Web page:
While South Korea is known for its growing economy and innovative technological products and the rest of the world dancing to their catchy music with all those pretty girl and boy groups, plus those tear-jerking soap operas, its “significant other,” North Korea, has a long history of all guns and goons. Since the Soviets claimed rights over the North Korea after the Japanese surrendered the Korean Peninsula in 1945, this country has gone from being a captive to a captivator.
There are many shocking facts about North Korea that we don’t even want to hear about. One thing is, half of the North Koreans live in extreme poverty, making it hard for them to even meet the basic needs of a human being. Some people have gone as far as pulling grasses to feed themselves. And no matter how bad these people want to reform their government, they can’t, because while this country says they respect their subjects’ freedom of expression, one would fear to even voice out his opinion. For one, elections in North Korea are held only every five years.
If you get the chance to enter their territory, it’s a doubt if you’ll even consider it a privilege or honor. There are little to no foreigners in this country, that’s why if a white guy is seen walking on the street, people stare at him like they just saw an alien. It’s so hard to know what life there is like, but we have collected some photos that depict the everyday life in this communist-like country. Take a look.
This man frequents the park to gather a bag of grasses for food. Many countries have extended aid to help the government solve the poverty in North Korea, but this year, reports claim that the country is still struggling.
NoKor’s leader, Kim Jong-un, admitted that his subjects “never enjoyed an abundant life” and that he “cannot sleep” from worrying all night about his people.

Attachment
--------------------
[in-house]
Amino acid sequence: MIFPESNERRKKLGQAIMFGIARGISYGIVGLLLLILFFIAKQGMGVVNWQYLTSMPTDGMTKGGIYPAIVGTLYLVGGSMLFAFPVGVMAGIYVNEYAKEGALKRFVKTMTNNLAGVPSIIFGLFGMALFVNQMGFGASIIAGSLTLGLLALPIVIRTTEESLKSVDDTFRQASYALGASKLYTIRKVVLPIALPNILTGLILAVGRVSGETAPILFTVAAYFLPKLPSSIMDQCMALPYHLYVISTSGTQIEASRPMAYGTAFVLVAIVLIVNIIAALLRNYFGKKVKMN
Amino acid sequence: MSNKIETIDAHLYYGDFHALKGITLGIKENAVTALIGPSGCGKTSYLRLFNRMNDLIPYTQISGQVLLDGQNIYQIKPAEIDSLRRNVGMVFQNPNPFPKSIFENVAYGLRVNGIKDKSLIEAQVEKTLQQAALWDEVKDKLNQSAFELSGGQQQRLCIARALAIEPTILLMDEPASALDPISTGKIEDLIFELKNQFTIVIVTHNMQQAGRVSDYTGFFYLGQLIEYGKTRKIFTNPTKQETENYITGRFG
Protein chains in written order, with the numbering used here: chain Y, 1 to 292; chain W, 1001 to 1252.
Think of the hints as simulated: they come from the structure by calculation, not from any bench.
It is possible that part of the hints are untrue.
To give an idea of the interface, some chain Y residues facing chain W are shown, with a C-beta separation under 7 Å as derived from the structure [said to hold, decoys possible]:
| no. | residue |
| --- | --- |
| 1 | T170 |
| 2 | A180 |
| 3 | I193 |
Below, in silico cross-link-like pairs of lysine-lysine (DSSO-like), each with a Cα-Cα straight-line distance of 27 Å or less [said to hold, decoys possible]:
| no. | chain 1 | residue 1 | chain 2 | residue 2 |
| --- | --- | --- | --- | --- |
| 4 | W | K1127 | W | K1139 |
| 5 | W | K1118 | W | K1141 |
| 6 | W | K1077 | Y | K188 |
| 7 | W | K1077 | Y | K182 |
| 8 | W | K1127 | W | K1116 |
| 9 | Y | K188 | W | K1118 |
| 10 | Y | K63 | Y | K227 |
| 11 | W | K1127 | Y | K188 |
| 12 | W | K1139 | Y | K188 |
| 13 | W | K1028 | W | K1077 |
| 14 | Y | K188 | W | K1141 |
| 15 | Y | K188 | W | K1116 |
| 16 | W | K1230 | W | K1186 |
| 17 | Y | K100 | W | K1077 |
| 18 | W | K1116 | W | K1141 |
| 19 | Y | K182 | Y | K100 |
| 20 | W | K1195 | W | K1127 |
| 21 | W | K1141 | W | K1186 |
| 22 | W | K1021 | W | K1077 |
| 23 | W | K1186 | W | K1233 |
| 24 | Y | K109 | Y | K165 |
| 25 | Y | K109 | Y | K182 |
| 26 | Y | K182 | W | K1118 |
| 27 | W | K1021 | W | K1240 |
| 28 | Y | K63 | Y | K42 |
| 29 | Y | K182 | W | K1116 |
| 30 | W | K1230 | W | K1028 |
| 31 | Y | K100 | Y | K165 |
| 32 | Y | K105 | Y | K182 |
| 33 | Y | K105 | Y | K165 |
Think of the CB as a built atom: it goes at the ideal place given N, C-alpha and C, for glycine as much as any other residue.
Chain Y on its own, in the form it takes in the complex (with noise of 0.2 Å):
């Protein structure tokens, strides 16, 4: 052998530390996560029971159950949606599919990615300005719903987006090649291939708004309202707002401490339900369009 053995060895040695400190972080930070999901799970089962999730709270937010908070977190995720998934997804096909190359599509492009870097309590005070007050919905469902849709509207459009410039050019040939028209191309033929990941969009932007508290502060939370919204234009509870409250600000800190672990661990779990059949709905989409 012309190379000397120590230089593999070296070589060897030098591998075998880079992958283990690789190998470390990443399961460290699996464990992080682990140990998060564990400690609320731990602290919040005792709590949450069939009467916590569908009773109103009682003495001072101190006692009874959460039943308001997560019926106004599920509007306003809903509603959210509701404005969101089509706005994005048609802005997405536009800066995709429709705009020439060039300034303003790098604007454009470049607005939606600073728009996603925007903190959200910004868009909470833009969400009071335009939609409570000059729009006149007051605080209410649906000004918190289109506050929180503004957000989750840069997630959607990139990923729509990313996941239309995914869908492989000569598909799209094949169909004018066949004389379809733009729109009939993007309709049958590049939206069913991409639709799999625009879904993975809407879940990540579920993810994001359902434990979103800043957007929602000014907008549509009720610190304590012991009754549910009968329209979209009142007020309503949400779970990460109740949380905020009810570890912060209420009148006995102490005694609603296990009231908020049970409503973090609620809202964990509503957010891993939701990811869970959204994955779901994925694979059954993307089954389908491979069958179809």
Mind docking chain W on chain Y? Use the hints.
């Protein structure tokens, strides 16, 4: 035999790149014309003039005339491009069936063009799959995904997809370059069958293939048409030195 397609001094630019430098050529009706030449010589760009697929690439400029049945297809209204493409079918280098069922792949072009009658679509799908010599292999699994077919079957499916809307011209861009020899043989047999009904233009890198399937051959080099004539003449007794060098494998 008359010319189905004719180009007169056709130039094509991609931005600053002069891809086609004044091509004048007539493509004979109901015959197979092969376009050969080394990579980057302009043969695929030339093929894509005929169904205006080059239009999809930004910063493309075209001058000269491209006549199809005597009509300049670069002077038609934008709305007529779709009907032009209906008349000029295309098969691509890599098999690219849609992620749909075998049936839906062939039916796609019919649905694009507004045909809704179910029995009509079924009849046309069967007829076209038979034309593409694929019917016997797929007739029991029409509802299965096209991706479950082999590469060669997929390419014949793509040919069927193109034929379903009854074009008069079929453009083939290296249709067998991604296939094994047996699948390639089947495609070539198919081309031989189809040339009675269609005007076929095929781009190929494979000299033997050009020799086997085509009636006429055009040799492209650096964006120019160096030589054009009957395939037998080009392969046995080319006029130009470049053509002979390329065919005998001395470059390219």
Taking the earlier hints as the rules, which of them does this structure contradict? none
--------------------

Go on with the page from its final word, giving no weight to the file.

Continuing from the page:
People throw both suspicious and delighted look at the sight of a Westerner. Foreigners are often even banned from taking pictures in the country.
Pictured at the back of this lady is the Ryugyong Hotel, also dubbed as the Hotel of Doom, which has undergone years and years of construction. It is also described as the worst building in the world because of the poor-quality materials used for it.
Child labor is also rampant in North Korea. A big percentage of their farmers are children.
During holidays, a long line of people wait for their turn as in these days, they are mandated to pay homage to the great leader at various monuments.
This Pyongyang, the country’s capital. While the city is known for its subway system, only a few North Koreans can see it for themselves. According to reports, only the elite are allowed to build residence in the city.
North Korea remains to be the world’s most militarized society, with more than nine million people in the reserve.
Even purchasing good is only exclusive for the elites. The two supernarkets in North Korea are opened for those who can pay in euros and dollars.
Even the electricity is a rare commodity in the country. In the picture above, workers have to deal with a power outage in the middle of a hot afternoon.
The country is guarded by electric fences to separate it from the South, but even in areas away from the boundary, electric fences are made to prevent the people from leaving the country.
North Korea has a unique way of telling drivers what they have to watch out for. Pictured above are characters holding signs so people in vehicles will have a safe drive.
While North Korea is not the ideal place to spend a whole life in, it might just be right for a short summer vacation. There are still things to enjoy in NoKor that will make you forget the frightening reality behind its name.
When even taking photos is highly restricted in the country, says photographer Eric Lafforgue who was banned from the country after taking photos of the horrible life people suffer from in North Korea, how much more spending a lifetime within the corners of a country that prevents you from seeking a better life. Caged inside are children, women, and teenagers who could have been successful businessmen. But what right do we have to judge a country? We just have to be thankful that we were born in another place and we do not have to pull grasses to feed out hungry stomach.
It’s time to know more about this hermit kingdom by watching the videos below.